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India’s health ministry is accused of damaging vaccine production

BMJ 2009; 338 doi: https://doi.org/10.1136/bmj.b864 (Published 03 March 2009) Cite this as: BMJ 2009;338:b864
  1. Ganapati Mudur
  1. 1New Delhi

    The Ministry of Health in India has undermined the country’s century old legacy of public sector vaccine production, exacerbated vaccine shortages, and jeopardised the immunisation programme, say several healthcare organisations in a complaint to the Indian Supreme Court.

    A petition filed last week wants the court to revoke an order by the health ministry last year that had suspended production of vaccines at three government vaccine manufacturing plants. The ministry had said that the plants did not meet standards of good manufacturing practice.

    The Central Research Institute, in Kasauli, in the northern state of Himachal Pradesh, the Pasteur Institute of India, in Coonoor, Tamil Nadu, and the Vaccine Laboratory, in Chennai, were producing vaccines against diphtheria, measles, whooping cough, polio, rabies, tetanus, tuberculosis, and yellow fever.

    Senior health ministry officials said that inspections at these plants over the past five years had revealed structural, process, and documentation deficiencies.

    But the petitioners have questioned the health ministry’s decision to stop vaccine production at the three plants instead of improving their manufacturing practices.

    “The quality of vaccines is important, but this was a hasty, immature decision,” said Sourirajan Srinivasan, managing trustee of Low Cost Standard Therapeutics, a non-profit charitable trust in the western Indian town of Vadodara. The trust produces generic drugs and campaigns for the rational use of drugs.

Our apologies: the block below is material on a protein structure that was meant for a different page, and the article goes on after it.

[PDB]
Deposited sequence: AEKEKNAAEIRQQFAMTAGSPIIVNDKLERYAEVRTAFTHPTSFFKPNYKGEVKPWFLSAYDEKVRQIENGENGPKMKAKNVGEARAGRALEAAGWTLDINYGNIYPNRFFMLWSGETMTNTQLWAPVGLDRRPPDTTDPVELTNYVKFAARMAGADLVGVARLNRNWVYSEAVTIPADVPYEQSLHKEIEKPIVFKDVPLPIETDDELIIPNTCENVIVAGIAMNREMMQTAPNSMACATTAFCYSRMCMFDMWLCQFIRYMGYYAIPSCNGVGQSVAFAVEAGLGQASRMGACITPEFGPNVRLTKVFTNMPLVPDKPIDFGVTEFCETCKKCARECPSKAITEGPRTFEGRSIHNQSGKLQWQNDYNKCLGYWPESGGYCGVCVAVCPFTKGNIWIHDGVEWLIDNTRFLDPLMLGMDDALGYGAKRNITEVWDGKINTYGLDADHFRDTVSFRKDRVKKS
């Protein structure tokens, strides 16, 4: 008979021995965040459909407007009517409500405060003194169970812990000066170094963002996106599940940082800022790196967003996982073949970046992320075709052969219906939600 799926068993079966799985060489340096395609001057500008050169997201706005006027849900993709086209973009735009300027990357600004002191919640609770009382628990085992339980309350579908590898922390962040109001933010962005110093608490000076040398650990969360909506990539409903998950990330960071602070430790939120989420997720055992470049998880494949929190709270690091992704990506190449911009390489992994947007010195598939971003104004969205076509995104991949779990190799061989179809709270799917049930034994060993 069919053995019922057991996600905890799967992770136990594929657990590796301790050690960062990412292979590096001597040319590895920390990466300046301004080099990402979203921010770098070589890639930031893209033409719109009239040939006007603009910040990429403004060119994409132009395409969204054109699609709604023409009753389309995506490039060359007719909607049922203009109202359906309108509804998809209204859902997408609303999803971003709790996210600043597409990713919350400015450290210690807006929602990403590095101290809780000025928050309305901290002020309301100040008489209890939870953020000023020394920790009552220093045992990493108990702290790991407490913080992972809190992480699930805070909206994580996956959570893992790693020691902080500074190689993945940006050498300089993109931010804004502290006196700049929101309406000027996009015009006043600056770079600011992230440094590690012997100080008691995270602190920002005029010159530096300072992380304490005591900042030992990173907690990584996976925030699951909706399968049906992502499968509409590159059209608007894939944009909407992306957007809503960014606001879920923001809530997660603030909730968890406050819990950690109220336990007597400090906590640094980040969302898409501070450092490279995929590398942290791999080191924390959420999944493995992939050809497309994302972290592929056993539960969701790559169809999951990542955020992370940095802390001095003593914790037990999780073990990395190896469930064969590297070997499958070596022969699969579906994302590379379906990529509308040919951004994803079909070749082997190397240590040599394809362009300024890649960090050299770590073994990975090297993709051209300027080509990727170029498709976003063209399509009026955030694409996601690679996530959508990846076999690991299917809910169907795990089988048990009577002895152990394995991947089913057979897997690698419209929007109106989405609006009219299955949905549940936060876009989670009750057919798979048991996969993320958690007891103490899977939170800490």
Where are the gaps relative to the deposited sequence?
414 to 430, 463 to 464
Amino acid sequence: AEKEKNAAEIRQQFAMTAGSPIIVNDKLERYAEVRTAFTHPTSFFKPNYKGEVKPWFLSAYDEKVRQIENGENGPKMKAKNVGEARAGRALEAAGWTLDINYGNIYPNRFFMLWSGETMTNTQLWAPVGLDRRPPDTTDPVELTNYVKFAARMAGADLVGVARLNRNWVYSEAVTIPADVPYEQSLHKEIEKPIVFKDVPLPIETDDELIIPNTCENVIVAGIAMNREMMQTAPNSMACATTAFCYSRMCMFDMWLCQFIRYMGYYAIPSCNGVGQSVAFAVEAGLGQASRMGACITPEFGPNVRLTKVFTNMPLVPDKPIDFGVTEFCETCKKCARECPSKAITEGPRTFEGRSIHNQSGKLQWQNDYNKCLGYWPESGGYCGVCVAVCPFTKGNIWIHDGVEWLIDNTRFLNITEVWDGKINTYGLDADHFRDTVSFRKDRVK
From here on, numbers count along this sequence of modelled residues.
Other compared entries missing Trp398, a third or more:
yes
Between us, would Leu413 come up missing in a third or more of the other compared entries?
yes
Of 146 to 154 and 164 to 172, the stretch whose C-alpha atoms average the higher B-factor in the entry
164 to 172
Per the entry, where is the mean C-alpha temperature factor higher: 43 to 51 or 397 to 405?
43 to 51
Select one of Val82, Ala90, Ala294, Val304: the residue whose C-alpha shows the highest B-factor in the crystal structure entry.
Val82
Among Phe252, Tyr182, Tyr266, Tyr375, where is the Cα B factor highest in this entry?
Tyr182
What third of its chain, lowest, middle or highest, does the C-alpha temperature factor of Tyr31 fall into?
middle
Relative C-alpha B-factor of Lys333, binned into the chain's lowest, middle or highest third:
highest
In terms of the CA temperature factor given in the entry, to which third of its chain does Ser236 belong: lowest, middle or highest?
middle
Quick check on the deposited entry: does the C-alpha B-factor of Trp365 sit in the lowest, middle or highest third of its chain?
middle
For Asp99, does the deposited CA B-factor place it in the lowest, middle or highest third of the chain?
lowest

“For a country that has successfully sent a spacecraft to the moon, which would also have demanded high quality control, upgrading facilities at vaccine manufacturing plants should be a picnic,” said Mr Srinivasan, who is one of five petitioners who have approached the Supreme Court seeking the resumption of vaccine production.

    India is among the world’s largest producers of vaccines and uses childhood vaccines worth $150m (£105m; €120m) each year. The petitioners have estimated that the health ministry would have had to invest only 500 million rupees (£7m; €8m; $10m) to upgrade manufacturing facilities at the three plants.

    The petitioners said that the shutdown has come at a time when vaccine production in the three public sector units was peaking and that the gap between demand and supply in India’s immunisation programme had been narrowing. They have also argued that no one had complained about the quality of vaccines from the three plants.

    “The ministry has killed its own production units and virtually invited the private sector to take over the immunisation programme,” said Nandula Raghuram, a member of the Society for Scientific Values, a national watchdog for the preservation of ethics in science and health, another agency in the joint petition.

    “The [quality] inspections at the three units had been going on for many years. There was enough opportunity for the government to make corrections,” Dr Raghuram said. “The issue is: did it have the will to make them?”

    Several states had experienced shortages of vaccines in 2008, such as those for tuberculosis, diphtheria, and tetanus, because private manufacturers were unable to meet an increase in demand.

    The health ministry has asked another public sector company to set up a new vaccine production plant in Chennai that would meet good manufacturing practice requirements. But this facility will take two years to build, and the company lacks the right technology and experience for vaccine production, the petitioners said.

    Notes

    Cite this as: BMJ 2009;338:b864

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